Are low-skilled workers made better or worse off as a result of the $9 minimum wage? It's almost a no-brainer to conclude that being hired at $5 an hour puts more food on the table than not being hired at $9. What's more, minimum wages reduce training opportunities. Most of us gain skills through on-the-job-training. Minimum wage laws deny that opportunity.
A more insidious effect of minimum wages, as racists everywhere know, is that it lowers discrimination costs. Say a white and a black were equally productive and an employer prefers white workers to black workers. Since he has to pay $9 an hour no matter whom he hires, the cost of discriminating against the black worker is zero. But if it were legal for the black worker to offer a lower price, there'd be a cost to discrimination. That's precisely why South African whites demanded that blacks be paid the minimum wages -- they wanted to cheapen discrimination costs.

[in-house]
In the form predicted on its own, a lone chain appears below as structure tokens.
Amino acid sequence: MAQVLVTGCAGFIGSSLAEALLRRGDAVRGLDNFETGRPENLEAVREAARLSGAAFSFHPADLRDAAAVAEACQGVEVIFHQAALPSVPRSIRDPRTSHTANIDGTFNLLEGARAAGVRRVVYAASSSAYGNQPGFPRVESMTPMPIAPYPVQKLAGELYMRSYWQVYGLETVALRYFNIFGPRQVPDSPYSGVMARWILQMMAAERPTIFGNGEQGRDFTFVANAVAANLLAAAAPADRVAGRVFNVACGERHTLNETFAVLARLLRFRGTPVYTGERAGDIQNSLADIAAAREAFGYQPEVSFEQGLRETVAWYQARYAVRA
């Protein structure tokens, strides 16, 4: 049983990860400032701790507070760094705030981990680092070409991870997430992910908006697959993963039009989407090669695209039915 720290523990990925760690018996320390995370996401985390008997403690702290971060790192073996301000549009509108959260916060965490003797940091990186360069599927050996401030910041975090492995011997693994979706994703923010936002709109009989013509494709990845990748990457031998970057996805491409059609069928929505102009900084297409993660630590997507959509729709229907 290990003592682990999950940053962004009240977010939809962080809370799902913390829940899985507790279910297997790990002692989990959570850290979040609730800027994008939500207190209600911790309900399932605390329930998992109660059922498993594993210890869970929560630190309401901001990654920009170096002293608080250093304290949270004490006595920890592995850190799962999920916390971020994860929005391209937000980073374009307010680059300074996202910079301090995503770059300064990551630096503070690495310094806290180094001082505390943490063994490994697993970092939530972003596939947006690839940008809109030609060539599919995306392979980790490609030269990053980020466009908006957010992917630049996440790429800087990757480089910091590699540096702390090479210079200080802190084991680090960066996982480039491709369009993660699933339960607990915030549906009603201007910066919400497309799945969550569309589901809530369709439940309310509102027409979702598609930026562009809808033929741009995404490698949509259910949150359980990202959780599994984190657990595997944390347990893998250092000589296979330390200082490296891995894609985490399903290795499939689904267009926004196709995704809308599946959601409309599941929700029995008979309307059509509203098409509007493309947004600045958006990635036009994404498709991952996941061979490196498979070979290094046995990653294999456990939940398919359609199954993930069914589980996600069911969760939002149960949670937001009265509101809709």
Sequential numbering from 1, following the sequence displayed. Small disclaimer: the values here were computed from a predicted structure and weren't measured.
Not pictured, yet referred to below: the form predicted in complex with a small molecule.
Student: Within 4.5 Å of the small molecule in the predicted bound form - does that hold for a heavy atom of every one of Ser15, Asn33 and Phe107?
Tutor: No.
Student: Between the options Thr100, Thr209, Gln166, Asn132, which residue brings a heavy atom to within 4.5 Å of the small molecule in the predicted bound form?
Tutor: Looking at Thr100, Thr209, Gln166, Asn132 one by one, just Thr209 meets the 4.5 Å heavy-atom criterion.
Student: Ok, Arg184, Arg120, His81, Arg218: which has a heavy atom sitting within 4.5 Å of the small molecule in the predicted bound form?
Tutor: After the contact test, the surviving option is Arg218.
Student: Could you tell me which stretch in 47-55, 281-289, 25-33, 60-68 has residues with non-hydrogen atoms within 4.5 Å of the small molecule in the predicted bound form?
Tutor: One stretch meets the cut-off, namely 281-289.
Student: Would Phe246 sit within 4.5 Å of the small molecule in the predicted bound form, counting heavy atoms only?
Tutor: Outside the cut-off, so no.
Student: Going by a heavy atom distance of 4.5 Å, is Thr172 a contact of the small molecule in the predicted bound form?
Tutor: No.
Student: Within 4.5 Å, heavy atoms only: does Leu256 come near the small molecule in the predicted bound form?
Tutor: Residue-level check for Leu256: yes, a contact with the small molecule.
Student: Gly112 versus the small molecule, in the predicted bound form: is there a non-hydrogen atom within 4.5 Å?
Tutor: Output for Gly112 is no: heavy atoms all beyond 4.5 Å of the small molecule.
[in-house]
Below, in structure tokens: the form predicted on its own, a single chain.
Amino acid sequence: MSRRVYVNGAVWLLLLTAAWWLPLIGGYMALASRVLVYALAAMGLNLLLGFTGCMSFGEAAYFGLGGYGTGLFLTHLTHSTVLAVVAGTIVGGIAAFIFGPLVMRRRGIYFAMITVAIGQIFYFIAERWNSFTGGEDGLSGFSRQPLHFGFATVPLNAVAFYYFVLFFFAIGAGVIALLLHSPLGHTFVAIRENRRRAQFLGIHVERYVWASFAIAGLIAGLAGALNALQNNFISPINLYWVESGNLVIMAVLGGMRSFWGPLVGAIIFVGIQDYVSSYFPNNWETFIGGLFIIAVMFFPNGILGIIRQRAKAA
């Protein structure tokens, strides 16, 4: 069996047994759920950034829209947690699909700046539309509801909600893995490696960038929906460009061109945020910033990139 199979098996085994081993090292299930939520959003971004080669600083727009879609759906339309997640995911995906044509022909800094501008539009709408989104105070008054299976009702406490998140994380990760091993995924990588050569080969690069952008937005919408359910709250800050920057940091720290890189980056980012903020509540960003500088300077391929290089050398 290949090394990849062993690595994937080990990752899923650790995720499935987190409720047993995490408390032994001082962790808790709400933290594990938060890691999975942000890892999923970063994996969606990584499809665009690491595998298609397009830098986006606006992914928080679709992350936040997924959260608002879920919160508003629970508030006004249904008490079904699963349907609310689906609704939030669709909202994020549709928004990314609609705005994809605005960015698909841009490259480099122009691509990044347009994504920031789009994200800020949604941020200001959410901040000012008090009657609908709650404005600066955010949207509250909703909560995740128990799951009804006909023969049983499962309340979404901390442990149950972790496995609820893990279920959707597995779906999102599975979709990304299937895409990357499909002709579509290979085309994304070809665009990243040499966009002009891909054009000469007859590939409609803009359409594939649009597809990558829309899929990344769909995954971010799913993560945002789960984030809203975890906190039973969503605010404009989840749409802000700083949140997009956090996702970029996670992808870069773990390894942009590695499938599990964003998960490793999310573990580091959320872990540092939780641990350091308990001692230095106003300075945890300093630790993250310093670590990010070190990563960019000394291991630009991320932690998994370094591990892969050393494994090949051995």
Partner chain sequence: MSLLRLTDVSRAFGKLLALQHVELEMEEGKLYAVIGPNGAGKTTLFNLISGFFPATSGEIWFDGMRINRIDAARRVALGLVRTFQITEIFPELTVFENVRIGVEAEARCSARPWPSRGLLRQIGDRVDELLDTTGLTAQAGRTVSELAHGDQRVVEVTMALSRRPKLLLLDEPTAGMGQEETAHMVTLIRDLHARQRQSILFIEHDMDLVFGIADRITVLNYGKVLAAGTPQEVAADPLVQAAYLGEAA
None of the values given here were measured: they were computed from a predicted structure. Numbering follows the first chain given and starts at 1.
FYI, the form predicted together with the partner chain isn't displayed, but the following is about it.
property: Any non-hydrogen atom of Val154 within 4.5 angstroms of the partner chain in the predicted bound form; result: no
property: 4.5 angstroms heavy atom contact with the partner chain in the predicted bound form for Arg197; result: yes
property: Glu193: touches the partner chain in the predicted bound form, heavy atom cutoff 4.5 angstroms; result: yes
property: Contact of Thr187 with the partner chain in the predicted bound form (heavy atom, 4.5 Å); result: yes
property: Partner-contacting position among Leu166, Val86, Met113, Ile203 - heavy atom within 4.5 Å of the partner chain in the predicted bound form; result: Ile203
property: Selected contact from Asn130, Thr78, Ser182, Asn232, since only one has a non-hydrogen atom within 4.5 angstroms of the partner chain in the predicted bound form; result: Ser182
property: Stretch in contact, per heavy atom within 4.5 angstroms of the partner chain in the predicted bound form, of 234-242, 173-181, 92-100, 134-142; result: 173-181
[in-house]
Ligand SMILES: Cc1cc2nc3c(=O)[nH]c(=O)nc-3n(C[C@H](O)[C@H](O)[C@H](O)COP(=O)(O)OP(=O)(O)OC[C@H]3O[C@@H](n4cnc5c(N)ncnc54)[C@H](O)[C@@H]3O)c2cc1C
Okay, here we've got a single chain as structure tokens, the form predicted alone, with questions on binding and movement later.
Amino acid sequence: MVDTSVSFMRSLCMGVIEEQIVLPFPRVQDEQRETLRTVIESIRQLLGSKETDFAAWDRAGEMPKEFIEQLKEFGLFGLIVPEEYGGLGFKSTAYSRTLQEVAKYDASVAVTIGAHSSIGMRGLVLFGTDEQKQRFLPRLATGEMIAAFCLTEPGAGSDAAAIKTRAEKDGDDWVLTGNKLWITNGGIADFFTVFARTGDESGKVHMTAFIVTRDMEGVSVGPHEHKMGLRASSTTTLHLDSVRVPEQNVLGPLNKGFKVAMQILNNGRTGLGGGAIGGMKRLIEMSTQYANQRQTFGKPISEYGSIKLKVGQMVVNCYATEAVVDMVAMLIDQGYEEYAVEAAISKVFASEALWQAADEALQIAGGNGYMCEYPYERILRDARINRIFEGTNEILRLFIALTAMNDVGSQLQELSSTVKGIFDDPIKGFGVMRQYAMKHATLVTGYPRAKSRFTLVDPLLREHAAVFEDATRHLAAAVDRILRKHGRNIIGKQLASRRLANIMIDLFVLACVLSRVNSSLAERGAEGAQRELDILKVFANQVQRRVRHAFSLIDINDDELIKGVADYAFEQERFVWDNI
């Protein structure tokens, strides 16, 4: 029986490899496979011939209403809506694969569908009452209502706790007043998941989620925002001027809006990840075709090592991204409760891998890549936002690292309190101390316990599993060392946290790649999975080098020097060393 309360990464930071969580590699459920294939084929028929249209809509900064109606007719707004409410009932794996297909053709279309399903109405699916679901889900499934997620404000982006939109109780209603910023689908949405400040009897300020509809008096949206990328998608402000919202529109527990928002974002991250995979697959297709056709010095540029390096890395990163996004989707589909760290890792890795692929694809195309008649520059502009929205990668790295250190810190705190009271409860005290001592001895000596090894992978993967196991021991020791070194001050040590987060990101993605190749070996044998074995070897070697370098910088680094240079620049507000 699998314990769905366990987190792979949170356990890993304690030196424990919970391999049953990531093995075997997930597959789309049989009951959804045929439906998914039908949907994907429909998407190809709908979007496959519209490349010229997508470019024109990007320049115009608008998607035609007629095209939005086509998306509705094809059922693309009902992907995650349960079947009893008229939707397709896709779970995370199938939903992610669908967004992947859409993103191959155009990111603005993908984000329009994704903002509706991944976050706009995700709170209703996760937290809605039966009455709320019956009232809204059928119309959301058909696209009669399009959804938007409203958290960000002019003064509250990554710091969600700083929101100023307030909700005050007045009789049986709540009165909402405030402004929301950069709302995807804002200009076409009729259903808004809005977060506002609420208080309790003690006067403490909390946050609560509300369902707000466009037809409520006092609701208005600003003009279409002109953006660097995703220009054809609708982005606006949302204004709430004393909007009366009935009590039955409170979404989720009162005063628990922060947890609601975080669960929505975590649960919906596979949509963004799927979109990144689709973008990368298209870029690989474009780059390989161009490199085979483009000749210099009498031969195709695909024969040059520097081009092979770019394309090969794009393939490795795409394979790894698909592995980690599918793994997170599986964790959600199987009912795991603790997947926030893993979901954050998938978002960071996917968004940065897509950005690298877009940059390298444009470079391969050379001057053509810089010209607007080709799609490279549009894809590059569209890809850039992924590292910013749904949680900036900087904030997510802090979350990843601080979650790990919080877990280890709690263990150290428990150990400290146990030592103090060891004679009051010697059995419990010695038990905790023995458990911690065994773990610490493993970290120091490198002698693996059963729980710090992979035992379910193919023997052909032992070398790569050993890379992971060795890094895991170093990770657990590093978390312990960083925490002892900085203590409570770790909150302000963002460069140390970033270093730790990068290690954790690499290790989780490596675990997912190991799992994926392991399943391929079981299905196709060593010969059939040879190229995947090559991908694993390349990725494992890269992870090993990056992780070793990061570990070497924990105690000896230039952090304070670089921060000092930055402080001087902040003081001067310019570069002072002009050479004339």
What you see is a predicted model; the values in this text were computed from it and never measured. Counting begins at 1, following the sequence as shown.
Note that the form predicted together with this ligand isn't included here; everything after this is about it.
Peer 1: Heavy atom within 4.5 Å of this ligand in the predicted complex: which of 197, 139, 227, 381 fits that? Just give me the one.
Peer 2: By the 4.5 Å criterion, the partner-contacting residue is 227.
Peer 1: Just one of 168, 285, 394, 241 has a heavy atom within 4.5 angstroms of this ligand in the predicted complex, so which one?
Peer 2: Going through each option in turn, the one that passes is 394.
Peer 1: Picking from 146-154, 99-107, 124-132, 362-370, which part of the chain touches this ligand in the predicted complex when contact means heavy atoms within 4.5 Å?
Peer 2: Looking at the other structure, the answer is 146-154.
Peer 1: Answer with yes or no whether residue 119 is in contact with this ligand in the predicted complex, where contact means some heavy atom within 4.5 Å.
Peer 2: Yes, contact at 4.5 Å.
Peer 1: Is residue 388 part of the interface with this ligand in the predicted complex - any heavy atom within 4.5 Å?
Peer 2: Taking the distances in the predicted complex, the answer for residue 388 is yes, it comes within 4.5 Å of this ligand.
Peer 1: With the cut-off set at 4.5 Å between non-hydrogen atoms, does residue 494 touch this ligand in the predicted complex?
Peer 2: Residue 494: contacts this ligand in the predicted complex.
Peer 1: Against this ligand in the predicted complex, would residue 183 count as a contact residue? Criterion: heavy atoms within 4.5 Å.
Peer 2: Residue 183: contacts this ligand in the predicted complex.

Gephardt's speech is to be commended for its public service, namely that of revealing the underlying motive for minimum wages: making sure that one class of workers doesn't have to compete with another.